For a kid who grows up on a farm – the wide-open spaces make for an ultimate playground, and ultimately a long list of chores to do (that they will complain about). But, it’s not just about knowing how to milk a cow – these moms say that raising their kids on the farm has taught their kids valuable life lessons that shape them into better people. The best part? Raising kids on the farm means working together as a family every day.
Skills Learned at a Young Age
Joanna Lidback of The Farm at Wheeler Mountain in Barton, VT
Thomas and Eli may be young but they’re learning skills as engineers, mechanics, and cow nutritionists (all jobs of a farmer!).
“One of the coolest things is how quickly the kids pick up and understand what we’re doing – whether it’s driving a tractor and watching the wheels move the equipment around, to how we feed the cows. They don’t hesitate to pick up a grain scoop or some hay because they know the cows have to eat just like we do.” – Joanna Lidback
I’m excited for them to learn not just the sense of responsibility that comes from taking care of animals, but also the rewards that come with it.” – Joanna Lidback
Appreciation for Hard Work and Perseverance
Amanda St. Pierre of Pleasant Valley Farms in Berkshire, VT
Amanda has been through the teenage years with her three kids – Meghan, Jamie and Bradley. With it comes some tough battles about doing chores on the farm, but also some big life lessons.
Amanda is used to these familiar phrases: “Everyone else is out having fun. Our friends don’t have to work as hard as we do. Why do we have to get up so early to feed the calves.”
But she says that every time her kids finish their chores they have a sense of pride and self-confidence that they achieved something worthwhile.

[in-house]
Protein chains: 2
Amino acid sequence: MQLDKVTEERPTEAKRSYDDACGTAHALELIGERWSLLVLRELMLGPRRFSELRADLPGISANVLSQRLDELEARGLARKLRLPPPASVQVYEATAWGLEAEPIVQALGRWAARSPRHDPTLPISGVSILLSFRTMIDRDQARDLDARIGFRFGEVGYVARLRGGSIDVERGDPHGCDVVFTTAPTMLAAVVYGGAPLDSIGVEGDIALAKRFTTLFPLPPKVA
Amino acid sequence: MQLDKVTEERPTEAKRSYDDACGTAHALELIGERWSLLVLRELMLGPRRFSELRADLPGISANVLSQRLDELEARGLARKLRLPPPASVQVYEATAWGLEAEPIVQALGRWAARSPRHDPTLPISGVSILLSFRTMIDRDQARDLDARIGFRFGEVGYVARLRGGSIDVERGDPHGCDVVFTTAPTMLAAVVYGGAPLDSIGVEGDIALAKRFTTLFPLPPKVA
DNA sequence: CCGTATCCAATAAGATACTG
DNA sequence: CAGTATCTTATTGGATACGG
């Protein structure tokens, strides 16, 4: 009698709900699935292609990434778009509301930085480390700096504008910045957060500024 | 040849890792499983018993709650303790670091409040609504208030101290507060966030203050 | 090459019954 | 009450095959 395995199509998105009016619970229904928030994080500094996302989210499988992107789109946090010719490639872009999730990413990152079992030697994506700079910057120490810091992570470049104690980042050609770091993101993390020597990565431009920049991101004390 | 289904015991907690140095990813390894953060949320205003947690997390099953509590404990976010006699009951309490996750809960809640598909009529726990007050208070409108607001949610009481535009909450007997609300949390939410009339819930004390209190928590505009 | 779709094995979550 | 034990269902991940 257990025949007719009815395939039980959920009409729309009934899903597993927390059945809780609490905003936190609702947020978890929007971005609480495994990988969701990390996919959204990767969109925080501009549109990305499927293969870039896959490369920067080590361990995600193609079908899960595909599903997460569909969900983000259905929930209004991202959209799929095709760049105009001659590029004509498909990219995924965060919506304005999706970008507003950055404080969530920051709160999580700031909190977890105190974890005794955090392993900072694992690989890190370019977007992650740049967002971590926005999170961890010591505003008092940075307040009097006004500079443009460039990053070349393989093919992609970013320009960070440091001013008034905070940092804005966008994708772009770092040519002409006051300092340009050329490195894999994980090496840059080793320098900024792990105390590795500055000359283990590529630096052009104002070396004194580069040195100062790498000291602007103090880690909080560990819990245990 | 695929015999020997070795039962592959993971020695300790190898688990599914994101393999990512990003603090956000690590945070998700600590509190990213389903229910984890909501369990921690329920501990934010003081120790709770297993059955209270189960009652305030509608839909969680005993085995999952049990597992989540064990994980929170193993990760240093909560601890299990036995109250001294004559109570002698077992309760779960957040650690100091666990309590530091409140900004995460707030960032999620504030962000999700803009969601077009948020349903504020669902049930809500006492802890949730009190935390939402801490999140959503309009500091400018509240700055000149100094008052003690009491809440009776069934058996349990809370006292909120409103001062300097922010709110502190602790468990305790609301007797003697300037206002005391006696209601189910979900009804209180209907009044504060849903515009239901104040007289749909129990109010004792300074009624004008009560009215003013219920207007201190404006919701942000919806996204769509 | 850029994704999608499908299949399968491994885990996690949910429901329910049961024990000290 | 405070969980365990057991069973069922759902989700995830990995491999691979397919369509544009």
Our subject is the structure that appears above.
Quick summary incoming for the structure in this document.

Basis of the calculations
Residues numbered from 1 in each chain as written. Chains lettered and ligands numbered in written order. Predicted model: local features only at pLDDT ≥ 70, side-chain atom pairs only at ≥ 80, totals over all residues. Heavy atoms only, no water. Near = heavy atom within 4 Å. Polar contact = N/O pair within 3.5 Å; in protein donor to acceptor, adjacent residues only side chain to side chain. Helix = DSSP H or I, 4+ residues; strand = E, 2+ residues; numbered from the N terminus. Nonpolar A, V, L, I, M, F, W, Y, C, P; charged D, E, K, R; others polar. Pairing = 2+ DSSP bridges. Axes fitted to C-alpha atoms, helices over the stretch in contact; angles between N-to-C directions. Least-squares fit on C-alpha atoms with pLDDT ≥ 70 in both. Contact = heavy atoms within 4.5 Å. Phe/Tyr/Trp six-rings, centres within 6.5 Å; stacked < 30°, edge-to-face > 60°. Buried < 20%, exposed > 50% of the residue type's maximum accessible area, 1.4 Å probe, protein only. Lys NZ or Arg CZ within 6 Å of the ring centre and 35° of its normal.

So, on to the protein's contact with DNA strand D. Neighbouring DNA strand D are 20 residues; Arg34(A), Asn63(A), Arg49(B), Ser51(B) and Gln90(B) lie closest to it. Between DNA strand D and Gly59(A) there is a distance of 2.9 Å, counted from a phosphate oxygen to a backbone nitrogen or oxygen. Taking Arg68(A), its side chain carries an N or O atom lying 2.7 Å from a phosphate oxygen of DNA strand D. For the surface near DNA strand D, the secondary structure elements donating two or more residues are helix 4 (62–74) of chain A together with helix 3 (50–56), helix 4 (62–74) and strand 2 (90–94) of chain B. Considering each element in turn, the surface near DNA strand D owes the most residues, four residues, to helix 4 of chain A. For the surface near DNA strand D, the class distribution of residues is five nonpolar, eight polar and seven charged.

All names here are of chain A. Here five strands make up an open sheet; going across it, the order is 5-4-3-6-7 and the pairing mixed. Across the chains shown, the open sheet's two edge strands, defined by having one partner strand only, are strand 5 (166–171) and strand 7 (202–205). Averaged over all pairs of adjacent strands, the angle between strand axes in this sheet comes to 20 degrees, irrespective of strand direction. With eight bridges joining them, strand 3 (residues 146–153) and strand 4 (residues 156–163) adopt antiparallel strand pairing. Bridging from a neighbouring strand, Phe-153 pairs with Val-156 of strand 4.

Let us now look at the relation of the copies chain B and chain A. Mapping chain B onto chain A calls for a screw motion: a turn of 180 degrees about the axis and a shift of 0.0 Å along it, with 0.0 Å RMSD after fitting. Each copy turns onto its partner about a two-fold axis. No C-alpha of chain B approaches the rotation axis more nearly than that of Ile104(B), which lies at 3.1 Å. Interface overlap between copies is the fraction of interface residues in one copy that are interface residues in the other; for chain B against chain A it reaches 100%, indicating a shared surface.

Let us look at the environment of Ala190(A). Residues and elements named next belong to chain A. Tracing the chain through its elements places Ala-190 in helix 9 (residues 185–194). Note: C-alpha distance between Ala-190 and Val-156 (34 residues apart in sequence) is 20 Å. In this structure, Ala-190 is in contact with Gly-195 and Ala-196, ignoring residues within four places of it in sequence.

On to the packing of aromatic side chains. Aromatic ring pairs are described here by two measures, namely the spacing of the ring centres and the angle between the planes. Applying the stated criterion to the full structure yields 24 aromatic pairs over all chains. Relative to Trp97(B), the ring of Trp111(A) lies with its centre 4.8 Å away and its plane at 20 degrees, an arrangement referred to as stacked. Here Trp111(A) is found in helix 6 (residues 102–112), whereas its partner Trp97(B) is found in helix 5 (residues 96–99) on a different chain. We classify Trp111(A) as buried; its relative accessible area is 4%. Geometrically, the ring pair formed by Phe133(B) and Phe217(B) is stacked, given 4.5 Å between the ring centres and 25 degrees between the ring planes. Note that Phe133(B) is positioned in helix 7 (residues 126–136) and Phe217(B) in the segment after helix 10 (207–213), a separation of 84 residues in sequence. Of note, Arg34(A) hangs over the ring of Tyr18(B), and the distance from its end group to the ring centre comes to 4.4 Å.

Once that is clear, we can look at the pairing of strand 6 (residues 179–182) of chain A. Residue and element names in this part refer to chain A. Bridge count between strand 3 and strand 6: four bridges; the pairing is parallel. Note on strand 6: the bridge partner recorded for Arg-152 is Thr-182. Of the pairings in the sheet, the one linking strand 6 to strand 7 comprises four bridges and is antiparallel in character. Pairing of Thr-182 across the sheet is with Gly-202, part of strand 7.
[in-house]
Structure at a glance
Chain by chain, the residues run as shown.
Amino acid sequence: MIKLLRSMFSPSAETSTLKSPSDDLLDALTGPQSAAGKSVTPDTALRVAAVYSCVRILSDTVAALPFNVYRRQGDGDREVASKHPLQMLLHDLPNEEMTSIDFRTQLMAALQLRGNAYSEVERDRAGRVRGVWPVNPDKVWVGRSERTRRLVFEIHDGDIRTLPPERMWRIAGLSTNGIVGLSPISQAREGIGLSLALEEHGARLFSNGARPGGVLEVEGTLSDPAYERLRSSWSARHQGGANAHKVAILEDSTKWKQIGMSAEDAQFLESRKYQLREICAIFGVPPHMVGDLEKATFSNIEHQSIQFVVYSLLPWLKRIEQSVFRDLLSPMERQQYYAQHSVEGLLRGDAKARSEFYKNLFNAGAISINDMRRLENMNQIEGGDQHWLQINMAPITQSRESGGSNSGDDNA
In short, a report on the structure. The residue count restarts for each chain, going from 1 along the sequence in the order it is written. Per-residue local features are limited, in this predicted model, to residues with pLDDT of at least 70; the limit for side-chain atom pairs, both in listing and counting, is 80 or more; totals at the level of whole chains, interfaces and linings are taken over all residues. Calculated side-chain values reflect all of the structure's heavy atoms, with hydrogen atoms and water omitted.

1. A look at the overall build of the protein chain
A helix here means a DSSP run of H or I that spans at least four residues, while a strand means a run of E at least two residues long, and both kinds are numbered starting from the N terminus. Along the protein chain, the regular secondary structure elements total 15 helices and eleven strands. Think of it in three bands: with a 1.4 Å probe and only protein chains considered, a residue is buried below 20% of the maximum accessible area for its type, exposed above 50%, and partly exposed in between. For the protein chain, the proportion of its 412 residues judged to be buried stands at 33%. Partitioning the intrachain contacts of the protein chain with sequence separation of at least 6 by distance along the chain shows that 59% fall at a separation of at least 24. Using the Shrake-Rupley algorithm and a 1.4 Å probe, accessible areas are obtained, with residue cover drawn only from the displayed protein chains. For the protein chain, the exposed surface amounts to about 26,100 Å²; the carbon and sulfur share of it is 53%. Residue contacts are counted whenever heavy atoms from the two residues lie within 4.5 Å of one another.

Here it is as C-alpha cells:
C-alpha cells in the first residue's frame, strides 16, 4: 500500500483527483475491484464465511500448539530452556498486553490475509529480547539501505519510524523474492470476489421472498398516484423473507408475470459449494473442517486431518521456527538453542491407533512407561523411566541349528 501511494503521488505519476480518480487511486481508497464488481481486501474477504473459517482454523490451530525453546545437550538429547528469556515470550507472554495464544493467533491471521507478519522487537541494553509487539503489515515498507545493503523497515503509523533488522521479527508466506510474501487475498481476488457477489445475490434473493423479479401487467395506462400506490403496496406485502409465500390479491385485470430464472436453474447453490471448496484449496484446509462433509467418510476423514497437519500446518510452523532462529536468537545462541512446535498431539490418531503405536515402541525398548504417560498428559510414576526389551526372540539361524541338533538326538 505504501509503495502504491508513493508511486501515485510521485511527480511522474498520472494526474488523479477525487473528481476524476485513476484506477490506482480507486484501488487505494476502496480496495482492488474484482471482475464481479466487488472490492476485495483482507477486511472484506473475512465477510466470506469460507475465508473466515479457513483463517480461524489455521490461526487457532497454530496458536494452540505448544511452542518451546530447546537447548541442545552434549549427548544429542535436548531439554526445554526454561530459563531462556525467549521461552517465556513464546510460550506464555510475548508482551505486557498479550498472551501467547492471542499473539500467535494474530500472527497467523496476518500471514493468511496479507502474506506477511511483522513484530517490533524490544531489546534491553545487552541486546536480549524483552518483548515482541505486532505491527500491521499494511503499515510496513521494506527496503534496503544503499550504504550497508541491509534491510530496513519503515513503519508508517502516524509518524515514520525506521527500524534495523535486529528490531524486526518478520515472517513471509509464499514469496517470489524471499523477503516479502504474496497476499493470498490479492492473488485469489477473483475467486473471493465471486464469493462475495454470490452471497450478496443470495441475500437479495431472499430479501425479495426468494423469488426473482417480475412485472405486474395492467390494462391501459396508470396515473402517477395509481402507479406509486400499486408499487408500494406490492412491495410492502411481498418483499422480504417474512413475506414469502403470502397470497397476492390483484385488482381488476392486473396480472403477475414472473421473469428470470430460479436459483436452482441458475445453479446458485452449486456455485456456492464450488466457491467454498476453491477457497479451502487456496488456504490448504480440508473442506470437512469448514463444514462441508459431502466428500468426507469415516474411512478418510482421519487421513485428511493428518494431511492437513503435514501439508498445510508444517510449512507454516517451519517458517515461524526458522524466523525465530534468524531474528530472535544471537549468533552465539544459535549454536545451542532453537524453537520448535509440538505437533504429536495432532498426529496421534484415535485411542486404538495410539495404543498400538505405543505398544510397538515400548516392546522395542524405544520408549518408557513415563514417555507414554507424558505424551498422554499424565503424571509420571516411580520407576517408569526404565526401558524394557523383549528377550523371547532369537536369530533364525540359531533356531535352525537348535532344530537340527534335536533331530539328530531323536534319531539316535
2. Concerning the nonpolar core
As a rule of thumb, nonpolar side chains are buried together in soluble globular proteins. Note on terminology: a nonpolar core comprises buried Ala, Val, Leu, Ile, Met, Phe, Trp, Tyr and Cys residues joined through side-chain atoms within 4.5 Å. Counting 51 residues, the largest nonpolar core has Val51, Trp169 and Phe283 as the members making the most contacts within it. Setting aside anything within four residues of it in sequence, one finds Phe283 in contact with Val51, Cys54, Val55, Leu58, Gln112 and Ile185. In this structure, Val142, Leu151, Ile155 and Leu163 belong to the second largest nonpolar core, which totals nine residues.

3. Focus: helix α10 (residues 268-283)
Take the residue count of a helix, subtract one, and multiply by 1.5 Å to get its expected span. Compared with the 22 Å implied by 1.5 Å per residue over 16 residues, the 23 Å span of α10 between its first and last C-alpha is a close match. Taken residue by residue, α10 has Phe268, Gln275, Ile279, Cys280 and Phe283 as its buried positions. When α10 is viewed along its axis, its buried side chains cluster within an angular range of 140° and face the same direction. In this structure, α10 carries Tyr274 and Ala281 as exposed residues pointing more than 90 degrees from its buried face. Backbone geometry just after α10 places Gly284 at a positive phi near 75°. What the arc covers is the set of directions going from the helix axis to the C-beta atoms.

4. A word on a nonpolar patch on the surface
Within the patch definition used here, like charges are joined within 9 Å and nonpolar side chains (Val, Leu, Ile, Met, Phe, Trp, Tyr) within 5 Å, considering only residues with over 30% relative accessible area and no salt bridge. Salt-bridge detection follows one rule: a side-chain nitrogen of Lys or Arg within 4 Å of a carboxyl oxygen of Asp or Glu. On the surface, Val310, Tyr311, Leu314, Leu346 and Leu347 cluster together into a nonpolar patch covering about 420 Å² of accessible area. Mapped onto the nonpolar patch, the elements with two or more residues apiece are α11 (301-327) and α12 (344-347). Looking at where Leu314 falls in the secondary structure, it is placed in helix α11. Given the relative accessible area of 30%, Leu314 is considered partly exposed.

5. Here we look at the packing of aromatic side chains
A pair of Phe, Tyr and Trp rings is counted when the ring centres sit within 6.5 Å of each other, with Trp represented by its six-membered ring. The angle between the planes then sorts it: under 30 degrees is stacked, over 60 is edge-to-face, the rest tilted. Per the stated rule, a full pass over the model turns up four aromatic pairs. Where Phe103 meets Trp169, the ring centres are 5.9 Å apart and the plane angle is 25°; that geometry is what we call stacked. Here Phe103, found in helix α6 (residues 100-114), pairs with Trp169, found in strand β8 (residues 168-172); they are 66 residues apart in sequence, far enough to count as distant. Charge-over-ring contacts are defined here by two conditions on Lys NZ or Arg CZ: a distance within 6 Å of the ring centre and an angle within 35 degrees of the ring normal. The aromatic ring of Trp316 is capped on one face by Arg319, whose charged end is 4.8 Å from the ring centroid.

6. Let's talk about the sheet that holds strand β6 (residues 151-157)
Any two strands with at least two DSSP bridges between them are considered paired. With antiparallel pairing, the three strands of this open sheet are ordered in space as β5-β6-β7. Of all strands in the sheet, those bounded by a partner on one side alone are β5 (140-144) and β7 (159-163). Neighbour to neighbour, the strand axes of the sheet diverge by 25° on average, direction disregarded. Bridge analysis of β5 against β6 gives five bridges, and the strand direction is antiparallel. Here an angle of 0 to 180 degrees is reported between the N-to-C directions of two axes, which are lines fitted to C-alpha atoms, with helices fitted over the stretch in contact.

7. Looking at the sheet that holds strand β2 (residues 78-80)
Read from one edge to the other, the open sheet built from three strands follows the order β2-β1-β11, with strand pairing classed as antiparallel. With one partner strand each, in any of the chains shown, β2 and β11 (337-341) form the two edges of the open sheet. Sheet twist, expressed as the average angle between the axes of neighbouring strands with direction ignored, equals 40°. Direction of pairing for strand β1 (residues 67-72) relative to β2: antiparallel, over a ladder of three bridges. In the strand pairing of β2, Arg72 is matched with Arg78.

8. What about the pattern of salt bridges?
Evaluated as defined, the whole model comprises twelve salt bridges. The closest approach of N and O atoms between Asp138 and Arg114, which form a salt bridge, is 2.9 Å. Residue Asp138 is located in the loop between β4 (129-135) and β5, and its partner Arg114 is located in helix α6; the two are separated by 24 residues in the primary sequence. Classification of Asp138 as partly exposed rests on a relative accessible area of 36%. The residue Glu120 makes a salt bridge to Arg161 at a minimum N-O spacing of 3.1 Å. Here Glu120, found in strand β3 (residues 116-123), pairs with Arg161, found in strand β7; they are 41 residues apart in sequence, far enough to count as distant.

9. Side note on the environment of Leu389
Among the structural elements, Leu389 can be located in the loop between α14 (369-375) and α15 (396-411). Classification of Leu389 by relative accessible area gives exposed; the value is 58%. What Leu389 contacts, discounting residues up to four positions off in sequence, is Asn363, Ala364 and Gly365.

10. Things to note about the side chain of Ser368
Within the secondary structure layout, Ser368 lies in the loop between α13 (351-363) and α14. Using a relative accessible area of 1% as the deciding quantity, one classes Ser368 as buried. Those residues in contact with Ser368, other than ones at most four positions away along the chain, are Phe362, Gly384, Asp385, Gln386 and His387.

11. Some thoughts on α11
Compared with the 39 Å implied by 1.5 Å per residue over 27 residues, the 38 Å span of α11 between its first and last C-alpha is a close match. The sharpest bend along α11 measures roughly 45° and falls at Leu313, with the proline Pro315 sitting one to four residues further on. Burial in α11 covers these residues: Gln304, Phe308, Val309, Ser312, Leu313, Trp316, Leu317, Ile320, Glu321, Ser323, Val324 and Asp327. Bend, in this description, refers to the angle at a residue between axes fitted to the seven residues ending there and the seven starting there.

“We have seen our children face tough choices and situations, and they have credited their childhood on the farm for making the difference. Wherever our children end up, on the farm or doing something totally different, they’ll take the lessons of growing up on the farm with them. They appreciate the passion we have for what we do, and the determination to always make it work.” – Amanda St. Pierre
A Not-So-Traditional Date Night
Spring and Summer on the farm means that at some point your cows are going to figure out how to get out of the pasture, says Amanda from experience.
“Repeatedly our kids (and their dates with no farm experience) get the call at night to go find the cows. Sometimes it involves ATV’s but more often their feet and a lot of sweating!” – Amanda St. Pierre
Generations of Family Working Together
Stephanie Pope of Iroquois Acres Farm in Bridport, VT
Stephanie loves that her young boys, Rowdy and Remy, spend their days with their parents, aunts, uncles, and grandparents (even a great-grandfather) on the farm. They love being with the animals and pretending to be farmers themselves.
“Rowdy has a play farm at home and he talks about his cows being in heat, he trims their feet and wraps them with band-aids. Just listening to him on his play farm makes me laugh quite often! The things he picks up and learns is amazing!” – Stephanie Pope
Farm Kids Don’t Get Sick
Karie Thompson Atherton, Aires Hill Farm
Karie’s daughter, Maggie, is a little over a year old and has been going to the barn since she was four days old! Amazingly, she hasn’t been sick once since she was born.
“I used to carry my daughter on my back until she got too heavy, now we have the playpen, a swing and the changing table down at the barn.” – Karie Thompson Atherton
“I love Maggie’s expressions. She’s at that age where everything fascinates her. Even though it slows me down and is often more tiring on the body, I love it.” – Karie Thompson Atherton
“I wouldn’t trade it for anything in the world, it makes me proud that she wants to go to the farm and I can teach her strong morals and ethics from an early age.” – Karie Thompson Atherton